U.N. Secretary General António Guterres has the legal power under the U.N. Charter to create an investigatory panel. (Khalil Senosi/AP)

Steven Ratner is a professor of law at the University of Michigan and was a member of the U.N. secretary general’s panel of experts on accountability in Sri Lanka.

More than three months have passed since the assassination of the journalist and Washington Post columnist Jamal Khashoggi at the Saudi Consulate in Istanbul. Although U.S. and Turkish intelligence agencies have concluded that the killing was ordered by senior Saudi officials, the kingdom’s leaders still deny involvement in the operation. Khashoggi’s body has yet to be found. Instead of truth and accountability, Saudi Arabia is trying 11 unnamed lower-level officials, who have no incentive to tell what happened and some of whom may be executed to keep them from ever doing so. It’s not even a show trial because it’s secret.

Yet there is still one possibility for finding the facts and holding the murderers accountable: a United Nations-led investigation convened by Secretary General António Guterres. The United Nations has demonstrated repeatedly that it can assemble teams of independent law enforcement, forensic and legal experts to investigate atrocities and produce a report that has international credibility. Syria, North Korea, Sudan, South Sudan and the Central African Republic have been on the receiving end of these inquiries. Past investigations have addressed assassinations, notably of Pakistan’s Benazir Bhutto and Lebanon’s Rafiq al-Hariri. When the results are published, governments and individuals behind these crimes have a hard time denying to the world what they have done. States can face diplomatic and economic sanctions, and individuals risk travel bans and asset freezes.

Most of the United Nations' inquiries were approved by a political body such as the Security Council or Human Rights Council. But the secretary general can set up an investigation into Khashoggi’s murder on his own. In 2009, after the end of Sri Lanka’s civil war, its government insisted that it had not killed any civilians and refused to investigate atrocities. Sri Lanka’s allies prevented the United Nations' political organs from convening an inquiry. So Secretary General Ban Ki-moon courageously created a panel of experts, on which I served, to gather allegations of crimes and recommend steps for the government. When we published our report in 2011, including credible claims of government attacks on thousands of Tamil civilians, the regime’s wall of denial came crumbling down. Worldwide condemnation followed; domestic opposition eventually led to the regime’s defeat at the polls. Those involved avoid travel because of the possibility of trials abroad.

Saudi Arabia has enough friends, including a powerful one in Washington, so the Security Council and Human Rights Council are unlikely to act in the case of Khashoggi. A request from Turkey to the United Nations to assist its investigation would offer political cover to the world body, but for reasons still a bit unfathomable, Turkey’s president hasn’t asked for help. No matter. Guterres and his lawyers know that he has the legal power under the U.N. Charter to create an investigatory panel even without a request. He should do so now.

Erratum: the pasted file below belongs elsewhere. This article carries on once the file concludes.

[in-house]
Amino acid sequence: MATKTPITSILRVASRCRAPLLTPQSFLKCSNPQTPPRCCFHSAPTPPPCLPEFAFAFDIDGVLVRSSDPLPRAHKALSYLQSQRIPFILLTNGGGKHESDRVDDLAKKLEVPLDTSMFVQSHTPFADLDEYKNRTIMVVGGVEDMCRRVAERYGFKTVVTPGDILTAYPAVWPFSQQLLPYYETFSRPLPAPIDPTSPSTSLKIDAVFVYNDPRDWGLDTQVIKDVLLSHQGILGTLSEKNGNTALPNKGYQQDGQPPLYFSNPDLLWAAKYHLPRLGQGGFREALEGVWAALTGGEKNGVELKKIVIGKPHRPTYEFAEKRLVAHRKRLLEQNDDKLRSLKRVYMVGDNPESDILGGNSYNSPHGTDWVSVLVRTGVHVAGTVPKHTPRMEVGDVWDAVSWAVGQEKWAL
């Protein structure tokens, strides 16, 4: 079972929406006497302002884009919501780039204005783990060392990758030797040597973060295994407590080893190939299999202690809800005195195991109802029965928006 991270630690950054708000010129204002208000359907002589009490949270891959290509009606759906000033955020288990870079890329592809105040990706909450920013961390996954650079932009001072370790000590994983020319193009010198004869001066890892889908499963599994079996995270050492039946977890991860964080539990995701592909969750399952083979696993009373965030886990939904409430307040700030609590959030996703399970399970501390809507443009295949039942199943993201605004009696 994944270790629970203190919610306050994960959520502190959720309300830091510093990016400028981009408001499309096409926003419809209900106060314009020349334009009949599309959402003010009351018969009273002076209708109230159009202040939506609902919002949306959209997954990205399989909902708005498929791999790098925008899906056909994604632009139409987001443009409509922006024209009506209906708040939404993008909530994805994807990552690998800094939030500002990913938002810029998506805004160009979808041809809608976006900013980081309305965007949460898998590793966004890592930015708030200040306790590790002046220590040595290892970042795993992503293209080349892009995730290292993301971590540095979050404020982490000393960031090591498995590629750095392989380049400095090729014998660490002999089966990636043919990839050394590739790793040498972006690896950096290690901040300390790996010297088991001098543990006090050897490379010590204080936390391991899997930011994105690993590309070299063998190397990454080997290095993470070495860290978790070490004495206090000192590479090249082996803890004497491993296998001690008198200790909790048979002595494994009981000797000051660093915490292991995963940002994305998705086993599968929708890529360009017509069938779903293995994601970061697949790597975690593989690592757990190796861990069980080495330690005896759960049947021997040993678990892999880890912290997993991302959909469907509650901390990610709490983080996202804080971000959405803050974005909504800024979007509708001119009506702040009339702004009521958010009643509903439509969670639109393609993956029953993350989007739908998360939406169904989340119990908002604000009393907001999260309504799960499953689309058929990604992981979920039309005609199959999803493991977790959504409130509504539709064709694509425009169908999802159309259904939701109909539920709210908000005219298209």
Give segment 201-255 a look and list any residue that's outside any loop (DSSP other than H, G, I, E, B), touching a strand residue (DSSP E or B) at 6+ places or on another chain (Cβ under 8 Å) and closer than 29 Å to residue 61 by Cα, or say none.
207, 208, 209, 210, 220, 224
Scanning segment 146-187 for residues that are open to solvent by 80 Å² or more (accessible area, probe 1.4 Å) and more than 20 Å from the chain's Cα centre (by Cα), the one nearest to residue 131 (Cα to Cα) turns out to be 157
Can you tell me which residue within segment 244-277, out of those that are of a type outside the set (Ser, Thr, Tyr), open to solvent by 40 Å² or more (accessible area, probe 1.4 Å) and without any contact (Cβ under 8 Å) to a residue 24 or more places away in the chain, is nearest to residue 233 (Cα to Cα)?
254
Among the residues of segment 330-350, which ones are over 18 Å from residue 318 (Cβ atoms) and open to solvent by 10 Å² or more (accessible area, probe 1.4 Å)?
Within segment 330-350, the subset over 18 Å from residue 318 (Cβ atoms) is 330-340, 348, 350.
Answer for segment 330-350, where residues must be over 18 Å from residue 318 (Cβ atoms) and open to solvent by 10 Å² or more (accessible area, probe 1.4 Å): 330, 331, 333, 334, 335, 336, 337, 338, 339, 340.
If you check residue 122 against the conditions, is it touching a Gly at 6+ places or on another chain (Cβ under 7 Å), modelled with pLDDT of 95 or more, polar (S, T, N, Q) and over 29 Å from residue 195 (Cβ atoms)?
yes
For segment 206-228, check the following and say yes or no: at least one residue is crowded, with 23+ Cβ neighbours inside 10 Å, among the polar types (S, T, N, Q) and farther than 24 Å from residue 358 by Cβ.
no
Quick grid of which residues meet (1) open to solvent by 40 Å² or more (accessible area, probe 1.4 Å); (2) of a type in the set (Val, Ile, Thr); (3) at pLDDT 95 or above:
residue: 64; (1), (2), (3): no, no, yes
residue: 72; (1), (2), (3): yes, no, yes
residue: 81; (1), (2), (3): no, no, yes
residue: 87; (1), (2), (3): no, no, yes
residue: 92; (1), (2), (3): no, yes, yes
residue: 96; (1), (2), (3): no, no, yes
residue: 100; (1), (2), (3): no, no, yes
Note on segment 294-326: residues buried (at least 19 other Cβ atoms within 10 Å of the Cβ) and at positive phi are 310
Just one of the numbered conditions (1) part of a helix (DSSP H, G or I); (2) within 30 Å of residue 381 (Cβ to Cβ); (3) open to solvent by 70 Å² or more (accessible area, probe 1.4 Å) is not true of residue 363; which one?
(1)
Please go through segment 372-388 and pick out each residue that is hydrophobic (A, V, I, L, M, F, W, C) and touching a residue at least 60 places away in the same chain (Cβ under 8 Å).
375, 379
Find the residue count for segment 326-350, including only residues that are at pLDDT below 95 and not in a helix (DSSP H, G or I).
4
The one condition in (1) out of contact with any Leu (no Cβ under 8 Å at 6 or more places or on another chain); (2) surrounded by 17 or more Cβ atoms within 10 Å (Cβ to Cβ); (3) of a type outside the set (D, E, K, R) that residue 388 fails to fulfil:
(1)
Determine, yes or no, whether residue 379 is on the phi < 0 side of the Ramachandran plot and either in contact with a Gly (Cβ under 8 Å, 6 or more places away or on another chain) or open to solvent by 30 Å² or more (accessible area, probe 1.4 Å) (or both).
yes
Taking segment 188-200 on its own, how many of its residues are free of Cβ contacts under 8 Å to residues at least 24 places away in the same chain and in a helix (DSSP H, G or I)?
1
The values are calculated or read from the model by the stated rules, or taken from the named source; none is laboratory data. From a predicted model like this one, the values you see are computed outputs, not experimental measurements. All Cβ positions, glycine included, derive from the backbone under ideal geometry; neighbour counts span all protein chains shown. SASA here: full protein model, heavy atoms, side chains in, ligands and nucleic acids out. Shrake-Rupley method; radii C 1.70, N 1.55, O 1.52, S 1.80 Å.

Indeed, Khashoggi’s murder justifies a U.N. investigation even if we set aside the flagrant attack on journalism. Saudi Arabia defied two core rules of the international system: the ban on extraterritorial killings in peacetime and the requirement that states use diplomatic missions for official purposes, in exchange for which those missions get diplomatic immunity. Both rules are mostly honored (though with some notable violations by Iran, Russia and Israel over the years). They assure states that foreign agents will not commit crimes that might hurt their own citizens, and they allow embassies and consulates to keep open channels of diplomacy even when the sending countries have tense relations. Using a consulate as a killing chamber is an unprecedented attack on these rules. Guterres can easily claim that this is a unique, compelling case for him to act alone. He will likely find broad support for the inquiry from the United Nations' members. Delegations to the United Nations in New York should remind Guterres of this fact.

How could a U.N. investigation succeed without Saudi cooperation? Skilled investigators can locate witnesses and evidence; they can get information from states through assurances not to share intelligence sources and methods. It might also produce Khashoggi’s remains or an account of their destruction. Those it identifies as behind the killing may not face prosecution or political defeat at home, but they certainly can become international pariahs. Any Saudi refusal to cooperate with the inquiry will only heighten suspicions of state complicity.

Guterres has a chance to demonstrate his moral leadership in the face of the murder of an independent journalist and the importance of respect for key rules of the international order. He has the power to do so. Now is the time for him to act, so we can finally find out the facts.

Read more:

The Post’s View: Saudi Arabia’s trial for Khashoggi’s murder is a travesty. Congress must insist on justice.

David Ignatius: The Saudi engine of repression continues to run at full speed

Kenneth Roth: The Saudi crown prince should fear the long reach of justice

Jamal Khashoggi: What the Arab world needs most is free expression